- Created by: paige-muir
- Created on: 15-01-20 04:14
Robert McCrum and Robert Philipson
Argues that the spread of global English is both inevitable and useful.
Argues that the spread of global English is linguistic imperialism, and is killing other languages and cultures.
Agress that language death is a tragedy but hope in new technology.
- there is a rampant multilingualism on the web.
- People are adopting Engglish for intelligibility and their local languge for identity.
Giminez and Saraceni
states that if we all spoke English, it would give us all a sense of "planetary citizenship".
Argues that we should talk about Engllishes rather than English, and we shouldn't think of English as belonging to English.
The current global wave of English my lose momentum.
We should not assume that nationality and ethnicity are the same as language ability and language allegiance.
The use of the label ‘native’ for a person or variety means people feel that the variety used is a standard variety that is spoken by all of the people.
This leads to the feeling that this variety is innately superior to ESL and EFL varieties.
(First ever model of World English)
- American Englsih= Canada, Us, Puerto Rico and Philippines
- British English= Rest of the world.
Hierarchical diagram showing world Englsih in terms of their original origins.
- Model fails to consider the English varieties that developed through contact with local vernaculars without relation to either British or American English.
Tom McArthur's Wheel Model
Shows world English divided into different but equal varieties.
- idealised central variety of Englsih
- Localised varieties with some emerging standards.
- Represents a world standard of English, varieties expanding out from the centre
- Eight categories
- Model made no suggestions of whcih variety was valued over others.
- this protected the model from criticism of being baised towards native speakers.
Kachru's Three Circles
The Inner Circle:
- Refers to English as it originally took shape and was spread across the world - Speakers from England carried the language to Australia, New Zealand and North America - Represents traditional historical and soiolinguistic bases of English
The Outer Circle:
- Produced by the second diaspora of English, spread the language through imperial expansion - In these regions English is not the native tongue, serves as a useful lingua franca - Higher education, legislature and judiciary all carried out predominantly in English.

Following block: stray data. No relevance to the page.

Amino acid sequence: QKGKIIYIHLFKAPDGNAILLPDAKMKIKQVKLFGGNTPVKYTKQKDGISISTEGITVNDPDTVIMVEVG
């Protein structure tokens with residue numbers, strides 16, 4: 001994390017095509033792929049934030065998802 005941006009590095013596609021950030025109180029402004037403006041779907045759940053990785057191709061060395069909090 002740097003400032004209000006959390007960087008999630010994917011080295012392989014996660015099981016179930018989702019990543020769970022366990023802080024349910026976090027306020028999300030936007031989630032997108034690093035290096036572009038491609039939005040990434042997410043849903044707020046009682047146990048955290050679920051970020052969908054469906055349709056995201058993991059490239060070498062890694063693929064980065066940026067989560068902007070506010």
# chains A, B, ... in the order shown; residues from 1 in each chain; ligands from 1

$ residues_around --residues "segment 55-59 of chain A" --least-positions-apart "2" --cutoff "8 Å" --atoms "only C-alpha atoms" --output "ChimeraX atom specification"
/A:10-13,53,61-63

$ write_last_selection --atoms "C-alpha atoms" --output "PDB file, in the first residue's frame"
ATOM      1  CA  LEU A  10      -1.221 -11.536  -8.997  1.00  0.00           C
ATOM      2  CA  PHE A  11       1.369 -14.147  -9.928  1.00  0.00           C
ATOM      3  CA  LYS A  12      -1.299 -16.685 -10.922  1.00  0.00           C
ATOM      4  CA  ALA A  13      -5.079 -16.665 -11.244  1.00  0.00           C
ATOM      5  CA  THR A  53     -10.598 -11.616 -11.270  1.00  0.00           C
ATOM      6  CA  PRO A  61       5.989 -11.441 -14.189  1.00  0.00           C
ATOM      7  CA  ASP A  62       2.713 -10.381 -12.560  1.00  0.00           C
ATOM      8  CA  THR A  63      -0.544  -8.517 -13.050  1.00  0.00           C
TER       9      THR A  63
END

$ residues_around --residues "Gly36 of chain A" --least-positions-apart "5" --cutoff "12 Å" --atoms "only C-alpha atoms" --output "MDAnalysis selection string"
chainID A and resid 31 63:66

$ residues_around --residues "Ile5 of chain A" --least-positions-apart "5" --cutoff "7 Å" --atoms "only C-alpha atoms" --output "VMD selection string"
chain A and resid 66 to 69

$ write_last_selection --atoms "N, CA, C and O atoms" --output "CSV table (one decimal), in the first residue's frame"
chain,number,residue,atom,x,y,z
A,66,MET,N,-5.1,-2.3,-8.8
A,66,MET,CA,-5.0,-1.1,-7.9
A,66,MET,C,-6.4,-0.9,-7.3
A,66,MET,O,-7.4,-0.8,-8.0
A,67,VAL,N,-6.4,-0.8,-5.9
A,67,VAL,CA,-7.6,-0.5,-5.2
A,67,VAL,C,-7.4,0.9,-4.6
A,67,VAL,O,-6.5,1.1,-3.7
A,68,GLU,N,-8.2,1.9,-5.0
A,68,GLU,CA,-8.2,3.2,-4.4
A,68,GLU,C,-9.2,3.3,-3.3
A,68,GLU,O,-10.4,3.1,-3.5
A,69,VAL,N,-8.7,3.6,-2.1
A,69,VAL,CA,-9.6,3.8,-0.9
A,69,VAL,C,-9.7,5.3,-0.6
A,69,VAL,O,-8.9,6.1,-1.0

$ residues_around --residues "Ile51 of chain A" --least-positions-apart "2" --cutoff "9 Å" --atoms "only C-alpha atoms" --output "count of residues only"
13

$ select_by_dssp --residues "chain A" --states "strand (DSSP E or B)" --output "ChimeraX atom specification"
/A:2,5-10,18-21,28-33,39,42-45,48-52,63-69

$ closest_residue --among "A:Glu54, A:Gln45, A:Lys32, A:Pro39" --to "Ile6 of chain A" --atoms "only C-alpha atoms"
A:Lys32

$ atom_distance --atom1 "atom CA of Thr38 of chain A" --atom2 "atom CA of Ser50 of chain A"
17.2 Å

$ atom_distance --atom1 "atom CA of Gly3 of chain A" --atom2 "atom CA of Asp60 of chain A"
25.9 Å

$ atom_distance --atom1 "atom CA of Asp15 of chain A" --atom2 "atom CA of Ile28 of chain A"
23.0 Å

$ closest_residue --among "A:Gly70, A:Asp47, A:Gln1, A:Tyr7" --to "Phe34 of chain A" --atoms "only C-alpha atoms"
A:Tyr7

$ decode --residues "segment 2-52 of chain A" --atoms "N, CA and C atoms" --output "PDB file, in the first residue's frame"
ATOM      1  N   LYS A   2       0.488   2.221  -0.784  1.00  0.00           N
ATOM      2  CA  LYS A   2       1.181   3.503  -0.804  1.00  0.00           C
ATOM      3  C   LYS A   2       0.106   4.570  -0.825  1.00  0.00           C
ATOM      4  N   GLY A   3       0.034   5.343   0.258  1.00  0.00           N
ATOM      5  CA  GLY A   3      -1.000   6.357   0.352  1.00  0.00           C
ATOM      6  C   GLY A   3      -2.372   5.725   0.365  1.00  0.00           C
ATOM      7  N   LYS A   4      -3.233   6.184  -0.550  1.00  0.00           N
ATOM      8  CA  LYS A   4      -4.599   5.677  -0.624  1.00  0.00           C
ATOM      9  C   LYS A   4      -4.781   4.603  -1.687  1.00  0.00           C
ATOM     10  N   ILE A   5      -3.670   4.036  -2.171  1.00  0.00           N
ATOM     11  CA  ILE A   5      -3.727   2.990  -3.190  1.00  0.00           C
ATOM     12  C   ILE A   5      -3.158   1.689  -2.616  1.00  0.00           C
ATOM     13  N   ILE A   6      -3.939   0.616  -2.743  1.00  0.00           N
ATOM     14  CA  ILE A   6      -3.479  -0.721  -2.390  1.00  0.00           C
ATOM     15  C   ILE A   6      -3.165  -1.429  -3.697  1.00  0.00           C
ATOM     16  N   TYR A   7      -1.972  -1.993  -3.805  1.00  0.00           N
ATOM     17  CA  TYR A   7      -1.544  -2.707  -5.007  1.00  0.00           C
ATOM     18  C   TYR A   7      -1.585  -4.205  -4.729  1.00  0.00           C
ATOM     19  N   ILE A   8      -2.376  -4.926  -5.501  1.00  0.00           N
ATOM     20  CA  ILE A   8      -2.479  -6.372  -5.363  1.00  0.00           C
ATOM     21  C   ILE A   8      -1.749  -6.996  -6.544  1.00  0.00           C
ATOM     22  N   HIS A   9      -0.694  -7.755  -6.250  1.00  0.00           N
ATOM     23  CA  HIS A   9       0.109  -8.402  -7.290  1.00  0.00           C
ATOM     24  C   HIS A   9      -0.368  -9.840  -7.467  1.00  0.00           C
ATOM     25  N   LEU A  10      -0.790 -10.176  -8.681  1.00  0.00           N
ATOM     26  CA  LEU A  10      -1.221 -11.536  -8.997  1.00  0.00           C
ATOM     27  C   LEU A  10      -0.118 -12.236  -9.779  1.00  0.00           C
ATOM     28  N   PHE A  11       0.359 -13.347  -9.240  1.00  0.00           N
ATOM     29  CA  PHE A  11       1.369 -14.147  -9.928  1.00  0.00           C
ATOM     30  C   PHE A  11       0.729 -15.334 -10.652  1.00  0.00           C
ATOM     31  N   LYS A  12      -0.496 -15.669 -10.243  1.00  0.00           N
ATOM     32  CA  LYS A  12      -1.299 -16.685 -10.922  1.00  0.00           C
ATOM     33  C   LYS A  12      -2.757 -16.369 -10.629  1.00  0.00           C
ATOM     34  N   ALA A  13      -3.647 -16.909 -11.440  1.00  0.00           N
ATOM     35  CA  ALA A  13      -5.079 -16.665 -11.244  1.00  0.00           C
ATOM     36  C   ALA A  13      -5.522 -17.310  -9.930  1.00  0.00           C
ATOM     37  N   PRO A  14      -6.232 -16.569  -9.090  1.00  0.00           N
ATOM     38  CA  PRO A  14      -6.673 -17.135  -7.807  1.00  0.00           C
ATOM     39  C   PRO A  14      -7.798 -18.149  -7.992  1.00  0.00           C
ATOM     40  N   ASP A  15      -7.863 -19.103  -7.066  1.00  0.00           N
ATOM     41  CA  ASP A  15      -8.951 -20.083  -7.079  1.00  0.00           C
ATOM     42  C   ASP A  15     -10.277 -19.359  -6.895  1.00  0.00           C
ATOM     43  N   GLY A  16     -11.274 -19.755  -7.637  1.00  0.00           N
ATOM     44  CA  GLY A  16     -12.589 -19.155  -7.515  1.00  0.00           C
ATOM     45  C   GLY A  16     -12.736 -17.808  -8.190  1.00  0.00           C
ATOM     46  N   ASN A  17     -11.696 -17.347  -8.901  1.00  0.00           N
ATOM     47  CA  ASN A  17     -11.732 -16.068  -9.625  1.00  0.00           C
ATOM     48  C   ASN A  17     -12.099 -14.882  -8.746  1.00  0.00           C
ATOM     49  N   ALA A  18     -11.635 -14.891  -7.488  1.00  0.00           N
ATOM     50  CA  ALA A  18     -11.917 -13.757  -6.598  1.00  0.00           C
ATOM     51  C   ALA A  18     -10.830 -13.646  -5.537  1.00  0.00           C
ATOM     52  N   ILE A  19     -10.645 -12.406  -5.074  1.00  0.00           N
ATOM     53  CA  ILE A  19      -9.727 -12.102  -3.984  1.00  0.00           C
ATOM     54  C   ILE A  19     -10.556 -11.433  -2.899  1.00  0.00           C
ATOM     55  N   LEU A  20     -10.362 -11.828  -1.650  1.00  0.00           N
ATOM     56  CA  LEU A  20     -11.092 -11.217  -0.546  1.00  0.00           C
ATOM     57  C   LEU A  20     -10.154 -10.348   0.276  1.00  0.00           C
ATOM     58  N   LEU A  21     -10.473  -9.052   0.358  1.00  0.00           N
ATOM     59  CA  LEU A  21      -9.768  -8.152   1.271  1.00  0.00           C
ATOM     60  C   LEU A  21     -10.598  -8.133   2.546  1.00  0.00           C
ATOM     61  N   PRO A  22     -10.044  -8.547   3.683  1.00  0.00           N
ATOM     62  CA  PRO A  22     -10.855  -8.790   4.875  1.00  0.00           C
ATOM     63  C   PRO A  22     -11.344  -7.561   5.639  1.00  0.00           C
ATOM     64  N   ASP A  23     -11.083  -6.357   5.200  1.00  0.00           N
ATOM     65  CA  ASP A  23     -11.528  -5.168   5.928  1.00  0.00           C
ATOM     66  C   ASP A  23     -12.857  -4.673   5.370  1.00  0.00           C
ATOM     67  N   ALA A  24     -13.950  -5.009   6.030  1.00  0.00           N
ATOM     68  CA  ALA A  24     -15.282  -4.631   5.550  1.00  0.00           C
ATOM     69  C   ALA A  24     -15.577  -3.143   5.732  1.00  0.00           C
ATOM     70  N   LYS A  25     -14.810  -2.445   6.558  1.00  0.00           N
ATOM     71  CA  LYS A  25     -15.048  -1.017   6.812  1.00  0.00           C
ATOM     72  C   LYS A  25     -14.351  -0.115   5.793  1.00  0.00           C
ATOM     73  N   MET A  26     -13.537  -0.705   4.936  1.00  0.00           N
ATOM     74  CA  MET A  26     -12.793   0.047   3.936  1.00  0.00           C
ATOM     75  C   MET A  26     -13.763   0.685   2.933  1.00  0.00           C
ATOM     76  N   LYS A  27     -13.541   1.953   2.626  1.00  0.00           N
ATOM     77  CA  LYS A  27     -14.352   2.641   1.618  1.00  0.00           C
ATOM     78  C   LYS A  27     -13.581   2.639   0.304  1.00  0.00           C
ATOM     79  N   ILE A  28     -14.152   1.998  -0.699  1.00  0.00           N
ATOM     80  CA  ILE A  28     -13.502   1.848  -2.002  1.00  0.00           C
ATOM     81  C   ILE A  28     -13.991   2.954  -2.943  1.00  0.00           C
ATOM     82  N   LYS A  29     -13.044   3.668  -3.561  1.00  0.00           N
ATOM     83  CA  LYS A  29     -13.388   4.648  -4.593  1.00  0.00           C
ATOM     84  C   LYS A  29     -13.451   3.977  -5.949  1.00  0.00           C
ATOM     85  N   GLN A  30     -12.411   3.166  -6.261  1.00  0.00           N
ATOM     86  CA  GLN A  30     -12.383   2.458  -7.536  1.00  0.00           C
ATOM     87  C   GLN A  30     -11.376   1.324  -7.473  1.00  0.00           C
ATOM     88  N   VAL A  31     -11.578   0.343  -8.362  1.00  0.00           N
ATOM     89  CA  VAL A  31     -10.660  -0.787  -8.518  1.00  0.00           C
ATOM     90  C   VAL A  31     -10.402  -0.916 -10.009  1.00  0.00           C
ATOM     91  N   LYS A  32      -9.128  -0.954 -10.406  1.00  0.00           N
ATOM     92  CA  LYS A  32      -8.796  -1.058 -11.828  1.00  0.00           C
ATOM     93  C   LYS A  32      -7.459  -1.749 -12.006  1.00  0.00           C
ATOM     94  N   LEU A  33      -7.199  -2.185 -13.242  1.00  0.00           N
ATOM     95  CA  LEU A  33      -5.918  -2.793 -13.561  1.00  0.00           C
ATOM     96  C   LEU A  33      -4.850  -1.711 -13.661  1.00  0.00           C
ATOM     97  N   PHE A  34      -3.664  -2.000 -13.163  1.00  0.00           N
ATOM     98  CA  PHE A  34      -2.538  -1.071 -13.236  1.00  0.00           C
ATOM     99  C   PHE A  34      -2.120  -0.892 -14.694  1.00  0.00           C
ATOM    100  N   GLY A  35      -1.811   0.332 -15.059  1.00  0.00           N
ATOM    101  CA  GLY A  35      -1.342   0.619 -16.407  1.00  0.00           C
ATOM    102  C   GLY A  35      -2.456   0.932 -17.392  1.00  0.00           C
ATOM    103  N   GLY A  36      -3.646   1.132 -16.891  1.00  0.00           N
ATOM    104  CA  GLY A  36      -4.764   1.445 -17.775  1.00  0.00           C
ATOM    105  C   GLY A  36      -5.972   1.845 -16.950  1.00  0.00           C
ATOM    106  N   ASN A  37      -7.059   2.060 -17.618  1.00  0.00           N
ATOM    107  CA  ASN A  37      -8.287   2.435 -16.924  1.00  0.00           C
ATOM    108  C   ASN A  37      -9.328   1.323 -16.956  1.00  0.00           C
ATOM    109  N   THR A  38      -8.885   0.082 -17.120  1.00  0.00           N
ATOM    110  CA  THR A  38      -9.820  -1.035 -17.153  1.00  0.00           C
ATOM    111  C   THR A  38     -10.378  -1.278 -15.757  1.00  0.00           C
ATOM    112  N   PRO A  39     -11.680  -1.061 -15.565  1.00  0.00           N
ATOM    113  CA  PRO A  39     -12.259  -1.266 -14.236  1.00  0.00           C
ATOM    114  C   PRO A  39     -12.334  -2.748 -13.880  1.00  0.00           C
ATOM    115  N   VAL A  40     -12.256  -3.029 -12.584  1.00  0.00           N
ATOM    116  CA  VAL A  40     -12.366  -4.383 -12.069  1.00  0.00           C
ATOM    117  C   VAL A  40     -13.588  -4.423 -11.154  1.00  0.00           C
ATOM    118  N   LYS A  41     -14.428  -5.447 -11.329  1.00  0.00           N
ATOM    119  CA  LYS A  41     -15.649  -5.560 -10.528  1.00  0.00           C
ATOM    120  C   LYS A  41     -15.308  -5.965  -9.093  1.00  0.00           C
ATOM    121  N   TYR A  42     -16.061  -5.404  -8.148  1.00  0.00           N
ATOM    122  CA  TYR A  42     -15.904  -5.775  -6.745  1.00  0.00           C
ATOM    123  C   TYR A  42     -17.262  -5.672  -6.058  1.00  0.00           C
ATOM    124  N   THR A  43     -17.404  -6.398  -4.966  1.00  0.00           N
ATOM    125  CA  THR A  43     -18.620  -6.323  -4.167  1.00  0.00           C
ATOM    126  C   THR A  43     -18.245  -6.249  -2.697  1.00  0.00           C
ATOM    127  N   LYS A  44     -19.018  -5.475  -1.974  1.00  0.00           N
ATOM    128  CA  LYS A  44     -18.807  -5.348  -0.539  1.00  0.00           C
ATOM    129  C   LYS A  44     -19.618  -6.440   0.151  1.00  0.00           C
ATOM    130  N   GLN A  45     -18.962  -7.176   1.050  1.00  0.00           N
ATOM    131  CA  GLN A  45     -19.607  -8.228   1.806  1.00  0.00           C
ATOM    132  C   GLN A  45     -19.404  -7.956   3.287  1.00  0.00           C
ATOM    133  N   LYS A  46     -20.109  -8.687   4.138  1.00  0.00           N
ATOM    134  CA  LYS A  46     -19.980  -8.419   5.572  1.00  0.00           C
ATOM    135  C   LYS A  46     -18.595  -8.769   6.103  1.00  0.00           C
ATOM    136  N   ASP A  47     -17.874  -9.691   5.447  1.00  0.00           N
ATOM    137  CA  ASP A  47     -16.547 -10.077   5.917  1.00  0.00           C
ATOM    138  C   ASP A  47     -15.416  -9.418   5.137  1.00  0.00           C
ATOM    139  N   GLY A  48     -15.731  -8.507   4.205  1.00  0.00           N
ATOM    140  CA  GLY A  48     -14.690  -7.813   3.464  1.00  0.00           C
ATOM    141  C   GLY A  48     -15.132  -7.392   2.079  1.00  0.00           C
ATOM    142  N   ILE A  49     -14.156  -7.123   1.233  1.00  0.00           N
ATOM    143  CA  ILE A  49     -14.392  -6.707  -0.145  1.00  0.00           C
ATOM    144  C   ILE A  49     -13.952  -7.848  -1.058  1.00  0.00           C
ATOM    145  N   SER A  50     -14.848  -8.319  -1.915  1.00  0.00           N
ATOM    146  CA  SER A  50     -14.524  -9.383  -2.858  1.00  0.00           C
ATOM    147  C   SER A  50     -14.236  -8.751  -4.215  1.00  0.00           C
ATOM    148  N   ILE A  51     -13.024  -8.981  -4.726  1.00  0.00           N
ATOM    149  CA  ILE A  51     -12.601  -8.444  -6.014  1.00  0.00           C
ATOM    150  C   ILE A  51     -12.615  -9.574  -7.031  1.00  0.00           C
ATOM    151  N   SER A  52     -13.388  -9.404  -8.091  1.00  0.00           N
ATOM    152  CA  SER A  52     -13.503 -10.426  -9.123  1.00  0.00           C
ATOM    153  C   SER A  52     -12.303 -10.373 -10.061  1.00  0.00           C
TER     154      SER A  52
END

- English plays no historical or governmental role, used as a medium of international communiction
Schneider's dynamic model: Phase 1
Foundation: English first appears in a new territory
- This is the initial stage of the introduction of English to a new territory over an extendered period of time - Two lingusidtic processes are happening at this stage (contacts between different dialects of english and beween languages)
- Bilingualism is minimal
- Borrowing are limited to lexical
Schneider's dynamic model: Phase 2
Exonormative Stabillisation: English is used, standard English
- Settler communities tend to stabilise politically under British rule
- English use increases, colonial koine
- Vocabularly continued to be adopted
- Bilingualism increased through education and increased contact with English settlers
- Elite developed
Schneider's dynamic model: Phase 3
Nativisation: Old and new languages become more closely linked
- Settlers acceted new identities
- Indigenous strand stabilished an L2 system which used code switiching adopted from the settlers koine Engllish
- Neologisms stabilise as English is made to adapt to local social, political and cultural practices.
Schneider's dynamic model: Phase 4 &5
4. Endonormative Stabilisation: Each English has its own standard and norms
- gradual acceptance of local norms, supported by locally rooted linguistic self- confidence
- English independant of Britain
- acceptance of local English (es)
- National dictionaries for new lexis
- Literary creativity emerges
5. Differentiation: variety develpos its own regional and soical difference.
- Differences in varieties